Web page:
Flow batteries are rechargeable batteries that use a liquid fuel source. And while they’re typically used in large-scale applications, researchers at IBM and ETH Zurich have found a way to make tiny Redox Flow batteries that can provide power to chips.
They can also be stacked in between chips to cool the processors while they’re providing power, since the liquid will dissipate more heat than the battery generates.
The researchers designed a proof of concept battery that’s just 1.5mm thick and which generates 1.4 watts of power per square centimeter of surface space (or about 1 watt per square centimeter when you account for the power it takes to keep the liquid pumping).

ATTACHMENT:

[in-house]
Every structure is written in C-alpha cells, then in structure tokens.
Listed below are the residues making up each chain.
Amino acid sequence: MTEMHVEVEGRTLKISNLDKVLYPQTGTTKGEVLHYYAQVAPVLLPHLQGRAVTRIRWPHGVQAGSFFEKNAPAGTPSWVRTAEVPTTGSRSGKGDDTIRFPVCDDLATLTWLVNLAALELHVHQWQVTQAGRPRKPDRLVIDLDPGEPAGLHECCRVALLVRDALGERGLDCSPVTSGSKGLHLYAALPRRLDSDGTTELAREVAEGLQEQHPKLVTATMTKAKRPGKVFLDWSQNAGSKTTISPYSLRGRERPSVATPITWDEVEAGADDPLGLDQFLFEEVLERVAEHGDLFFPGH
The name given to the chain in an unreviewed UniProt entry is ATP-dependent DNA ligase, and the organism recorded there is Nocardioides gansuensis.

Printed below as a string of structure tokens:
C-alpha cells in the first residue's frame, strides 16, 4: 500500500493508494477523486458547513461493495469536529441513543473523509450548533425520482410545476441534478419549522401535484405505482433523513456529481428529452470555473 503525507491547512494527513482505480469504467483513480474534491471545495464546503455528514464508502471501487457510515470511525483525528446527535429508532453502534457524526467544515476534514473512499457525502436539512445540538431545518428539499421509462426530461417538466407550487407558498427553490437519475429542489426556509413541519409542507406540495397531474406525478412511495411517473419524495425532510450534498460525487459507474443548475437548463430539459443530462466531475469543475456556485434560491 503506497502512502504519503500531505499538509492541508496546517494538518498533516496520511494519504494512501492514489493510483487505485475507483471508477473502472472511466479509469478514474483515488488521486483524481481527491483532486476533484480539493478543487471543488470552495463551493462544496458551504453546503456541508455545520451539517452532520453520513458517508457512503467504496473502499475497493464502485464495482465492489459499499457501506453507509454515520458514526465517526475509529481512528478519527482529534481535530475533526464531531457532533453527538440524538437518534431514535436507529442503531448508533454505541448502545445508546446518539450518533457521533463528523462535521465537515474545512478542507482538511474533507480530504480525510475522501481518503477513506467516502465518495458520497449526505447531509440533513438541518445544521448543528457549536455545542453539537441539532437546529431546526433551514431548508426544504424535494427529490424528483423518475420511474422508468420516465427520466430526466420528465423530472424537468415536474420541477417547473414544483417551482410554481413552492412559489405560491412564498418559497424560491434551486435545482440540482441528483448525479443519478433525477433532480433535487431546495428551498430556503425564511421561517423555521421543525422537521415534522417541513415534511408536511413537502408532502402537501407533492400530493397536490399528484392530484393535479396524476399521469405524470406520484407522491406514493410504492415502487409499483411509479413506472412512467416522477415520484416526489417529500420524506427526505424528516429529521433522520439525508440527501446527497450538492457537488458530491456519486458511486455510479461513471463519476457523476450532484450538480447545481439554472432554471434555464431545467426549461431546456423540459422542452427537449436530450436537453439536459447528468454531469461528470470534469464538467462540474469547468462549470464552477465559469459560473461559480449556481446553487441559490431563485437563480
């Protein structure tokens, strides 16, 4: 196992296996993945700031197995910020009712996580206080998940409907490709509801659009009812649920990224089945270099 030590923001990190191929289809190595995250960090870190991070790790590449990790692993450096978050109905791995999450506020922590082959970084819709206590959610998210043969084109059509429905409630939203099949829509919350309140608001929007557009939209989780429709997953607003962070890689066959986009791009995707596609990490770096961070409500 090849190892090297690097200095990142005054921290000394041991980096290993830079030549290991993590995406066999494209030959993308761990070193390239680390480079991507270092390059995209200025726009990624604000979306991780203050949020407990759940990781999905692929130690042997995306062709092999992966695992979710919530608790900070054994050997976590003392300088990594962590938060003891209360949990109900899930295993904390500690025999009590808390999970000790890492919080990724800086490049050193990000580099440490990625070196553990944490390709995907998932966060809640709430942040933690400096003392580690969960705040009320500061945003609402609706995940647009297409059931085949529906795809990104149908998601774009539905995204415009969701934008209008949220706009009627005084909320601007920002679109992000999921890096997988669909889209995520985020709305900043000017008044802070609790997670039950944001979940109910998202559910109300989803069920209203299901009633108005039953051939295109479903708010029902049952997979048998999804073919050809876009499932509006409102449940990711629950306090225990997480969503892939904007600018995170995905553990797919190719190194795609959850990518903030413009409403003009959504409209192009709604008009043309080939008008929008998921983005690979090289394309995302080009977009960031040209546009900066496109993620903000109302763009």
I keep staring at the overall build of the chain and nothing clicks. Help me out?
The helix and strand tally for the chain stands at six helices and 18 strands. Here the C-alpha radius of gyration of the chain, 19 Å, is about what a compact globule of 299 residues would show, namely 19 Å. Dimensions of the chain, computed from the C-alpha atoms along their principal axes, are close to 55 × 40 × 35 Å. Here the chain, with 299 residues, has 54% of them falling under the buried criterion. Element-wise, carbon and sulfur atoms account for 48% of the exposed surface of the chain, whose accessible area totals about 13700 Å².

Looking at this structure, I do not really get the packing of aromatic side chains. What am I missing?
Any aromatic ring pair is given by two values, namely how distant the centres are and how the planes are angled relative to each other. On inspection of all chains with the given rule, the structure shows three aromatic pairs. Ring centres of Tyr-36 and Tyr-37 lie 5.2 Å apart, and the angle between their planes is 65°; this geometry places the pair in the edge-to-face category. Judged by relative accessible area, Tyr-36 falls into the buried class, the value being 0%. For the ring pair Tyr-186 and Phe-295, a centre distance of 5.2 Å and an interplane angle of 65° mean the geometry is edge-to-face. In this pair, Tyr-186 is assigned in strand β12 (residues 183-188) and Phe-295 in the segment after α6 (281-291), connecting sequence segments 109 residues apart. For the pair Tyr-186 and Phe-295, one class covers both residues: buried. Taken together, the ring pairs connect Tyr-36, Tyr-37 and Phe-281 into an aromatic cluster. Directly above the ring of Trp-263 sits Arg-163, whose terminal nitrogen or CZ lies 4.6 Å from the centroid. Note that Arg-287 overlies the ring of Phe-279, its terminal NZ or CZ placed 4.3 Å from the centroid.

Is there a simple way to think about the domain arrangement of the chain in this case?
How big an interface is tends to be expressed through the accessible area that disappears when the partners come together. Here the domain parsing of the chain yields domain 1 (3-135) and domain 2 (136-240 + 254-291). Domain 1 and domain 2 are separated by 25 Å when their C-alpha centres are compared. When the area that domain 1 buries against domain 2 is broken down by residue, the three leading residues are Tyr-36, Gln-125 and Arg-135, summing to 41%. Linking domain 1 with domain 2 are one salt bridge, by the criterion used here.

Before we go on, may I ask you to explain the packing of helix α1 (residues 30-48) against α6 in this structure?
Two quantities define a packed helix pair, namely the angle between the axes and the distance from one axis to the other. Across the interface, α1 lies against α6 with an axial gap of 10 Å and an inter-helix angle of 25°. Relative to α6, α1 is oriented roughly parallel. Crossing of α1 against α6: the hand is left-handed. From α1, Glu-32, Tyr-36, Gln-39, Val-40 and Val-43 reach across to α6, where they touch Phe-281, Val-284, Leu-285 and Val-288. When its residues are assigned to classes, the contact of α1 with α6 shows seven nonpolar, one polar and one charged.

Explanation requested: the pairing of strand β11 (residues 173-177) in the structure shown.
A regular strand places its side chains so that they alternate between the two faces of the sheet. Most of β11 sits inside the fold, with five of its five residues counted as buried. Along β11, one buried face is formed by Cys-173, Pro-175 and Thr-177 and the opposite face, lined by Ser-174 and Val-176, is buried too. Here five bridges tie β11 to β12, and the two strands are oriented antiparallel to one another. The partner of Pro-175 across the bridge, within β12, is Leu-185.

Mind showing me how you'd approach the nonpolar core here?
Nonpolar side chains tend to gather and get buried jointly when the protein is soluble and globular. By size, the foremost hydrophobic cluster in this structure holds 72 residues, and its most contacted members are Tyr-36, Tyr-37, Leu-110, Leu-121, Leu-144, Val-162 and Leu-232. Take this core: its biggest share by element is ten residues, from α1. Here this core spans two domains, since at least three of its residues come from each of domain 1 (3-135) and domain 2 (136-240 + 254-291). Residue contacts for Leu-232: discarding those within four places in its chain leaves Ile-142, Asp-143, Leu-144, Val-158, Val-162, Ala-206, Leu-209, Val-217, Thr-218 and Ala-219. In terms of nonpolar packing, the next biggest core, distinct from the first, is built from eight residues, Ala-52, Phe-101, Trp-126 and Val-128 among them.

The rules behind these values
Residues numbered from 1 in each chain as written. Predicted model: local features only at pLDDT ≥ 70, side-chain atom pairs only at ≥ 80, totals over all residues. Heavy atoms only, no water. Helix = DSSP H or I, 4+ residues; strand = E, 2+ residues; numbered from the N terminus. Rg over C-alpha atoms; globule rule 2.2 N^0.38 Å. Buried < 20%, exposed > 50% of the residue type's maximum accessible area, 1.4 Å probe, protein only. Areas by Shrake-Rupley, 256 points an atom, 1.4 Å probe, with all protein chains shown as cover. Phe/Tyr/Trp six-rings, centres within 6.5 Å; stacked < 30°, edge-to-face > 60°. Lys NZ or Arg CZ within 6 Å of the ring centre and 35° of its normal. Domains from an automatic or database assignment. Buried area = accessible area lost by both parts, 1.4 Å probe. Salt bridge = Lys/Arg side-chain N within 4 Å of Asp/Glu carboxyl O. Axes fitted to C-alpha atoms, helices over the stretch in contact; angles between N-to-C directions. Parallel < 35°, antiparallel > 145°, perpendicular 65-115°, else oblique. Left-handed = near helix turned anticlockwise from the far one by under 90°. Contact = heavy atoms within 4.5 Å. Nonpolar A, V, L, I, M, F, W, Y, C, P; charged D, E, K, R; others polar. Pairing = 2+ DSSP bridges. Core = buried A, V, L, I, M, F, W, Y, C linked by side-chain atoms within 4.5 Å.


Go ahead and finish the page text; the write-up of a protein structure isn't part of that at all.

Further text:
It’s unlikely that these tiny batteries will replace the larger Lithium Ion battery packs that power laptops and smartphones anytime soon. It just doesn’t provide enough power… yet.
But the technology could provide a groundwork for others looking to build a version that supplies more power. The chip-cooling battery techniques could also be used in larger batteries for products that could also benefit from a cooling system, such as lasers (which, like CPUs, draw power and generate heat).